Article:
In 2013, 2 more drugs were approved by the FDA, sofosbuvir (SOF) and simeprevir (SMV), which are now integral in the updated guidelines published in 2014 by the AASLD and Infectious Disease Society of America for treatment of HCV.3 BOC and TVR are no longer recommended in the new guidelines. SOF is a nucleotide analogue NS5B polymerase inhibitor and currently is FDA indicated to be used in combination with RBV or in combination with PEG/RBV for HCV genotypes 1 through 4, including those with hepatocellular carcinoma awaiting liver transplantation as well as those with HIV co-infection.13 SOF is dosed at 400 mg orally once daily without regard to food. The RBV dose recommended in the treatment regimen is 1000 mg for patients who weigh <75 kg and 1200 mg for patients who weigh ≥75 kg.13

Efficacy of SOF along with PEG/RBV for 12 weeks was evaluated in a phase 3 NEUTRINO trial for patients with genotypes 1, 4, 5, and 6. After 12 weeks, 90% of patients achieved SVR (95% confidence interval [CI], 87-93) in the treatment arm receiving SOF plus PEG/RBV. This SVR was compared with prespecified historical control SVR of 60% and was found to be statistically significant (P <.0001).14/

The FISSION trial was a randomized, open-label, active control, non-inferiority trial studying patients with genotypes 2 and 3. Treatment arms compared SOF and RBV for 12 weeks to the standard of therapy of PEG/RBV for 24 weeks. The SOF plus RBV arm was found to be non-inferior to PEG/RBV regimen, with both arms reaching SVR of 67% (treatment difference of 0.3% with 95% CI –7.5 to 8). SVR in patients with genotype 2 was 95% in SOF/RBV arm compared with 78% in PEG/RBV arm. In patients with genotype 3, SVR was 56% in the SOF/RBV arm and 63% in the PEG/RBV arm.14

The VALENCE trial evaluated efficacy of SOF and RBV to placebo in patients with genotypes 2 and 3 but included treatment-naïve patients as well as those who did not achieve SVR with a prior PEG-based regimen.15 Patients with genotype 2 received SOF and RBV for 12 weeks and reached SVR of 93%. Patients with genotype 3 received sofosbuvir and ribavirin for 24 weeks and reached SVR of 84%.13

The most common side effects observed for SOF in combination with PEG/RBV were fatigue, headache, nausea, insomnia, and anemia, while the most common for SOF in combination with RBV were fatigue and headache.13,14 Patients receiving SOF and RBV experienced a lower incidence of influenza-like symptoms, psychiatric AEs, and hematologic abnormalities than patients receiving PEG.14

SMV is a protease inhibitor indicated for use in patients with HCV genotype 1 with compensated liver disease, including cirrhosis, in combination with PEG/RBV. It is dosed at 150 mg once daily with food with PEG/RBV for 12 weeks, after which all treatment-naïve and prior relapser patients, including those with cirrhosis, should receive an additional 12 weeks of PEG/RBV for total duration of 24 weeks. All prior non-responder patients, including partial and null responders and those with cirrhosis, should receive an additional 36 weeks of PEG/RBV for total treatment duration of 48 weeks.16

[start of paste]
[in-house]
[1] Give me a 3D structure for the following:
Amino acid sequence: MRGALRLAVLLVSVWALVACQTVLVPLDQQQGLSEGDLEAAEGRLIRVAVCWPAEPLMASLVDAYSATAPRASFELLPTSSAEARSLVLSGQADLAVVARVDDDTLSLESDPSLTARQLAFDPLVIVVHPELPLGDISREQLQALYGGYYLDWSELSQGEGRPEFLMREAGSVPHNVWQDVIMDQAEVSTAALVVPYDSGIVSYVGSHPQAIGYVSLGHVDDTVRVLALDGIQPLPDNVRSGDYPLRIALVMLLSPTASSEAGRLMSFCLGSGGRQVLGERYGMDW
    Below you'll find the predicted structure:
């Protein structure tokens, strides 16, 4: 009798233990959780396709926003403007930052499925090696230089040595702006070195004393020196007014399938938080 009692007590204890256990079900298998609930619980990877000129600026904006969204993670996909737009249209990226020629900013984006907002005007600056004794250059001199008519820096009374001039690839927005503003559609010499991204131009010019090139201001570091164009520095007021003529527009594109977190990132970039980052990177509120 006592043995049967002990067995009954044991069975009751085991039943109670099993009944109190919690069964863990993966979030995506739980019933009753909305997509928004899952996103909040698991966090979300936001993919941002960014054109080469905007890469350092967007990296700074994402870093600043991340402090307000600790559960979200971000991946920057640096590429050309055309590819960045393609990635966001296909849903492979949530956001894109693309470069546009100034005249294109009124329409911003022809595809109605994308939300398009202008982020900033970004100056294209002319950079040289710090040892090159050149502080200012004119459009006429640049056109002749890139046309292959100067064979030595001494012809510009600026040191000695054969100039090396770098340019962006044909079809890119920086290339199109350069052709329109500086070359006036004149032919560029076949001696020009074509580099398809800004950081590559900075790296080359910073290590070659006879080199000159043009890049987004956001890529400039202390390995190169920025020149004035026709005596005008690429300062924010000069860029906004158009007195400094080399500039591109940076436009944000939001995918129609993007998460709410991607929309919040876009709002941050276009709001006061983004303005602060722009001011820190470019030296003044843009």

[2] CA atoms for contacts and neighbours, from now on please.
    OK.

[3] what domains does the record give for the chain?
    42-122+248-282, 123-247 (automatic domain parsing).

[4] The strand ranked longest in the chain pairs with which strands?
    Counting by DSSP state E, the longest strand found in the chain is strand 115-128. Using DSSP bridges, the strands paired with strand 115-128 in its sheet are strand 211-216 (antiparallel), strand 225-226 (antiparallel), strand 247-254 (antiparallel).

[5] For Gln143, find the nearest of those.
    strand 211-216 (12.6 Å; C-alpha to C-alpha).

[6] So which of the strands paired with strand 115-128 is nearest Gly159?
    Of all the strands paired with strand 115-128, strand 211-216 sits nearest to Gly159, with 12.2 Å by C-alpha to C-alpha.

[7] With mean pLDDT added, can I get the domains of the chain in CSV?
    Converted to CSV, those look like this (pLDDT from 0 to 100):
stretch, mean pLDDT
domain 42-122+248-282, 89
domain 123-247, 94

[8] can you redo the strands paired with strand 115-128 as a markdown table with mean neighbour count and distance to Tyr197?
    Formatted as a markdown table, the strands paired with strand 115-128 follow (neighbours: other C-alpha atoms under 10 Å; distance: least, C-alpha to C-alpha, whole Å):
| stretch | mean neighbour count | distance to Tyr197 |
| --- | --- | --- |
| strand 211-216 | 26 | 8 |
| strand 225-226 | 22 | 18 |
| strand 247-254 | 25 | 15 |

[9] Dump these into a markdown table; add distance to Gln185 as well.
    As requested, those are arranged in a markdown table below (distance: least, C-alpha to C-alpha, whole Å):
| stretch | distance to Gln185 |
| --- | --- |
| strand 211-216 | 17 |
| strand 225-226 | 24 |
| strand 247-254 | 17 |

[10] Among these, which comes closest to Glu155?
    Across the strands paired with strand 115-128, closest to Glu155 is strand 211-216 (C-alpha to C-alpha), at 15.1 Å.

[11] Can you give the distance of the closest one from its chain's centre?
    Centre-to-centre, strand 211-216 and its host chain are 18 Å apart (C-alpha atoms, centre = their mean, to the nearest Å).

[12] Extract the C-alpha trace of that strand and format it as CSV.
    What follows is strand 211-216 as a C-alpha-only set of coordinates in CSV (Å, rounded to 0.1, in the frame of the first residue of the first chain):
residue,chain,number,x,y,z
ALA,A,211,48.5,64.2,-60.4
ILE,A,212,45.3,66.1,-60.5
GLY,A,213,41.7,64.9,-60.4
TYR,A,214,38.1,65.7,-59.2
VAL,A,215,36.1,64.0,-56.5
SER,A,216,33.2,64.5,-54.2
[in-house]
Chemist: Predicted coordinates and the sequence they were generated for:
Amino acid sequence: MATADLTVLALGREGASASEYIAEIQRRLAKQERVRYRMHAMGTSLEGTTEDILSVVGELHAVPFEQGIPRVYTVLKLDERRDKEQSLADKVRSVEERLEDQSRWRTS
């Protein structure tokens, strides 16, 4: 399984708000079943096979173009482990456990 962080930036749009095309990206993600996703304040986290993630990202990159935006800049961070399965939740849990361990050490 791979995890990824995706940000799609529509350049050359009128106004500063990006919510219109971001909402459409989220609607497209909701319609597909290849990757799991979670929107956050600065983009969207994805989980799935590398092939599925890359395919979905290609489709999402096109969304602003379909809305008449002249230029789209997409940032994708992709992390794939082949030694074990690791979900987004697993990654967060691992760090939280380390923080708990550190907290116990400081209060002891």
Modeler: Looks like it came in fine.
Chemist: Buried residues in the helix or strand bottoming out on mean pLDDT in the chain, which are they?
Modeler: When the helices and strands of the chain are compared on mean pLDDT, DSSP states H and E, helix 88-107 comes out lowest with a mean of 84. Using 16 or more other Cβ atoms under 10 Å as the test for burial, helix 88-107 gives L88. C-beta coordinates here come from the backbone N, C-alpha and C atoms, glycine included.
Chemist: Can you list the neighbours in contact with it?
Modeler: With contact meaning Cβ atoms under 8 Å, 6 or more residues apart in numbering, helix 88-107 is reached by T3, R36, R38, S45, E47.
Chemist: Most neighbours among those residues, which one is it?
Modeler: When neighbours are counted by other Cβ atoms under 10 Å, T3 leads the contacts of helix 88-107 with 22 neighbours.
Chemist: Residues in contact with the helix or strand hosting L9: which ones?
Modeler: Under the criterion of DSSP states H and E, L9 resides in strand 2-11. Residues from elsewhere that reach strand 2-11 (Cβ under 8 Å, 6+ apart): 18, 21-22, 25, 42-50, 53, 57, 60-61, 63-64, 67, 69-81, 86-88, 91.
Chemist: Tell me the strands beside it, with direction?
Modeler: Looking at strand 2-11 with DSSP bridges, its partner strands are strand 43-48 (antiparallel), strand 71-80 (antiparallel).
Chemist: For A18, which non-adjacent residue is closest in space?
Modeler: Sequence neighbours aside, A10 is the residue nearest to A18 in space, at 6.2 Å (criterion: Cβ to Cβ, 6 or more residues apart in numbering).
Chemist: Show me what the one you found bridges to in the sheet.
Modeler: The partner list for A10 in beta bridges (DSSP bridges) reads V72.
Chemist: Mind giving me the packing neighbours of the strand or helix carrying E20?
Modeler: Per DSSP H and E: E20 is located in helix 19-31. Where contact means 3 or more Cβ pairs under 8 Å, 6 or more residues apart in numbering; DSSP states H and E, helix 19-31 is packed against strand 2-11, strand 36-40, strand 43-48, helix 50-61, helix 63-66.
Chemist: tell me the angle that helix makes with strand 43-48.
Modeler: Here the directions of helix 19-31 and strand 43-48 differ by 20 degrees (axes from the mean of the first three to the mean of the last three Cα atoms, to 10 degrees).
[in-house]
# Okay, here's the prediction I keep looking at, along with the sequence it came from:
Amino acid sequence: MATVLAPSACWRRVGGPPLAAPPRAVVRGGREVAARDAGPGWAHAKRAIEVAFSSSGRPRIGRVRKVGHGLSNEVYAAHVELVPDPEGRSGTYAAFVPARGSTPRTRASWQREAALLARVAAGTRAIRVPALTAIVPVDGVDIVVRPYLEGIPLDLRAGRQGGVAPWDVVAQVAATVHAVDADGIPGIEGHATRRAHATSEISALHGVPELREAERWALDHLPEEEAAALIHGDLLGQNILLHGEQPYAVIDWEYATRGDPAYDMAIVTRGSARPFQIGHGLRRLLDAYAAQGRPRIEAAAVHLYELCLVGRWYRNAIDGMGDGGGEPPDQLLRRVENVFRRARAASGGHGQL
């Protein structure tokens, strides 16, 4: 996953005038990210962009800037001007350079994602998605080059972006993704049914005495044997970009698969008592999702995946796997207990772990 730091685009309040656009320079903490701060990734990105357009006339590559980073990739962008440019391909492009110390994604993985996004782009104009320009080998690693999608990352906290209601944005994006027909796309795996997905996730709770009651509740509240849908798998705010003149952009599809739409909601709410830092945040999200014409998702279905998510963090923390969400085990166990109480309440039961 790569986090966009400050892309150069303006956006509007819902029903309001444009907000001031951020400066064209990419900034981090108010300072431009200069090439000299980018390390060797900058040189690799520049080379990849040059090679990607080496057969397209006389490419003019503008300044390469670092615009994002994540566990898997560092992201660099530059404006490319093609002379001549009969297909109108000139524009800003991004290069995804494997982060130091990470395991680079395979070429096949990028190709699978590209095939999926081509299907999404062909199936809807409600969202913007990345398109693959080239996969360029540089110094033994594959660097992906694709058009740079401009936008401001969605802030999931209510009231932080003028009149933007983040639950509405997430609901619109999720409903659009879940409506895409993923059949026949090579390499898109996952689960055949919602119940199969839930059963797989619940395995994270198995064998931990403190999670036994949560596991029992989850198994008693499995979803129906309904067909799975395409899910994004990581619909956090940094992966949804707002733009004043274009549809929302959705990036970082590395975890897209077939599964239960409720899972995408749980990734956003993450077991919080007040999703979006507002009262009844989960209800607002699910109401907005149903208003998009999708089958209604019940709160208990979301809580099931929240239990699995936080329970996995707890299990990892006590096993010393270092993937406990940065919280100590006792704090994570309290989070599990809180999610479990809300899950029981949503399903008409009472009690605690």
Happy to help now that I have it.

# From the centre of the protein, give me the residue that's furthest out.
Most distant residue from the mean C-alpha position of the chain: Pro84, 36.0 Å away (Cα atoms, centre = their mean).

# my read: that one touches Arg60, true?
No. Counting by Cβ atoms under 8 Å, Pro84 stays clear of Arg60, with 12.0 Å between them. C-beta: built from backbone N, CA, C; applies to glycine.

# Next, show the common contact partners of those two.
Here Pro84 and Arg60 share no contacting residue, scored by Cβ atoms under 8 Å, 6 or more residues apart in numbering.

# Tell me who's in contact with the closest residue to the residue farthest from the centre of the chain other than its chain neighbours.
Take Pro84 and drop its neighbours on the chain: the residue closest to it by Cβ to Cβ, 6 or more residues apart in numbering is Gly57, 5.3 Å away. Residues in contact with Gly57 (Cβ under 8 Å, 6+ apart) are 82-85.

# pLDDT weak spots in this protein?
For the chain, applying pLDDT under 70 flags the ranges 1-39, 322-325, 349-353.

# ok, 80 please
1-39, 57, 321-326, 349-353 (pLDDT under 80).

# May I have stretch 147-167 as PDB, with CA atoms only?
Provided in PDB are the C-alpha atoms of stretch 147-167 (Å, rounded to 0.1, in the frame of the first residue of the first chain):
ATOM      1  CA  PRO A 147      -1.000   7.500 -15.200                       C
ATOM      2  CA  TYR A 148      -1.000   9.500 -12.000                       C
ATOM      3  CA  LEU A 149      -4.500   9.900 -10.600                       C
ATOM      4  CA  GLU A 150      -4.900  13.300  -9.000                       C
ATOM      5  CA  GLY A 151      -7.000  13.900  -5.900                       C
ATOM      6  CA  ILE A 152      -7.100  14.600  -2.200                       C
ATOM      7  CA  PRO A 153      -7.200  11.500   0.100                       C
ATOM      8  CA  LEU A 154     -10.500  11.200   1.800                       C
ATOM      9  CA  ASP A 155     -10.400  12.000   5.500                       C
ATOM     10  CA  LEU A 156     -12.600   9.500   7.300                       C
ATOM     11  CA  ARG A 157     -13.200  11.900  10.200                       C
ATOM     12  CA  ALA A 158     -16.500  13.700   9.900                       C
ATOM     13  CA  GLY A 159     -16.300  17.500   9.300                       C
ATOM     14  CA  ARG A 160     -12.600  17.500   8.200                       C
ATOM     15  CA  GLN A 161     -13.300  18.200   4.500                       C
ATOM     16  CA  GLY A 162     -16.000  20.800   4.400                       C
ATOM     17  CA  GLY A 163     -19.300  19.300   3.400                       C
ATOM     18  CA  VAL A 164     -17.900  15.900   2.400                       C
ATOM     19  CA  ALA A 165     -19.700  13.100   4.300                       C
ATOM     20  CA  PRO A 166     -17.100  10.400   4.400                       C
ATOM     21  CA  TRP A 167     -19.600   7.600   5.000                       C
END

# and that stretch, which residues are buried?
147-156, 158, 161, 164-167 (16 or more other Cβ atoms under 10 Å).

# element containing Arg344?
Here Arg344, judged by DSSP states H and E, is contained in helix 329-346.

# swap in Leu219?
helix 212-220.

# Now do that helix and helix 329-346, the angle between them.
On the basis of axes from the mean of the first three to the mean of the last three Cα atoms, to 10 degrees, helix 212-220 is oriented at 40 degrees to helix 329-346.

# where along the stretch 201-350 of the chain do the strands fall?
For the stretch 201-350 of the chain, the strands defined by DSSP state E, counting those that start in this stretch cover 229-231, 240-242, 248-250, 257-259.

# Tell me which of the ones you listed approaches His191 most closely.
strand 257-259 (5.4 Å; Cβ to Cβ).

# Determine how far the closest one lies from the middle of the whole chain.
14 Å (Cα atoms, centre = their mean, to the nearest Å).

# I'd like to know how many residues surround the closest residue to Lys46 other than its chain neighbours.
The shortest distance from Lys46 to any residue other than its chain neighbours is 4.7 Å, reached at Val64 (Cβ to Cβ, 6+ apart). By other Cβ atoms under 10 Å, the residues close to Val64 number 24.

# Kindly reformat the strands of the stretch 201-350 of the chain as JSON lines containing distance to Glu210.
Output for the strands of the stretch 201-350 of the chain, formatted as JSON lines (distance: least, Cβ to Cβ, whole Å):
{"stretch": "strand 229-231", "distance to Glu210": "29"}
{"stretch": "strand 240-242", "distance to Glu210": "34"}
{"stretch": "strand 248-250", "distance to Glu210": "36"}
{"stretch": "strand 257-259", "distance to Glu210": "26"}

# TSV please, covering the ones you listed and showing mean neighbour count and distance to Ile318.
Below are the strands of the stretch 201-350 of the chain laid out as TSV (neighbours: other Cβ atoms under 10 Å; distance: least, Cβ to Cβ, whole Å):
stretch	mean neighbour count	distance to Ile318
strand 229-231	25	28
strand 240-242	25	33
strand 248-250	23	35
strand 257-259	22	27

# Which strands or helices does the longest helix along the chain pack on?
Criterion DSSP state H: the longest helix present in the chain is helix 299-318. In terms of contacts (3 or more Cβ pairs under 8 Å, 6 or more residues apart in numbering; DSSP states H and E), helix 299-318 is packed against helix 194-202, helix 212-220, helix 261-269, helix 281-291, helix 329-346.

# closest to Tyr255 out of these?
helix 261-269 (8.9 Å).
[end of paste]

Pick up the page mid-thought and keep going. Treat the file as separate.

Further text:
Efficacy of SMV was evaluated in 2 phase 3 trials, QUEST-1 and QUEST-2. In both trials, SMV plus PEG/RBV was compared with placebo plus PEG/RBV and the SMV arm was found to have superior SVR.3 In QUEST-1, SVR was 80% in the SMV arm compared with 50% in placebo arm (P <.0001).17 Results were similar in QUEST-2 trial with the simeprevir arm achieving SVR of 81% compared with 50% in the placebo arm (P <.0001).18

Common side effects of SMV were fatigue, headache, nausea, pruritus, and rash including photosensitivity, which may be serious. SMV also contains a sulfa moiety; therefore, precautions should be taken in patients with sulfa allergy.16

Clinical studies of SMV showed that patients with NS3 Q80k polymorphism had substantially lower SVR; therefore, screening patients for the presence of this NS3 Q80K polymorphism at baseline is strongly recommended by the manufacturer and by the latest guidelines.3,16 SMV is a substrate and a mild inhibitor of CYP 3A4 enzyme; therefore, co-administration with other CYP3A4 inhibitors may significantly increase the plasma exposure of SMV while co-administration with CYP3A4 inducers may significantly reduce the plasma exposure of SMV, which may lead to loss of efficacy.16

In summary, both SOF and SMV have several advantages compared with previously recommended regimens. SOF-based regimens have high SVR rates, pangenotypic efficacy, simple dosing schedule, shorter duration of treatment, and lack of significant AEs and drug–drug interactions.19 SMV-containing regimens also have high SVR rates, a simple dosing schedule, and give patients the possibility of a shorter duration of treatment than previous protease inhibitors. As mentioned, these highly effective direct-acting antivirals are now included in the most recent HCV guidelines for initial treatment of HCV as well as for those who experienced relapse after prior PEG/RBV therapy (see Online Table 3). For genotypes 1, 4, 5, and 6, the guidelines recommend SOF with PEG/RBV for 12 weeks. SOF with RBV is recommended for 12 weeks in genotype 2 patients and for 24 weeks for genotype 3 patients.3 In all genotypes, recommended duration of treatment has been shortened with the addition of SOF. SOF is the first medication with which HCV genotypes 2 and 3 are able to be treated without a PEG-containing regimen. This is a major clinical achievement for patients who were intolerant of or ineligible for PEG and had no other treatment option.19 PEG-ineligible patients include those who have an intolerance or hypersensitivity to PEG, decompensated liver disease, history of depression, preexisting cardiac disease, baseline neutrophil count <1500/µL, platelets <90,000/µL, hemoglobin <10g/dL, or autoimmune diseases including autoimmune hepatitis.3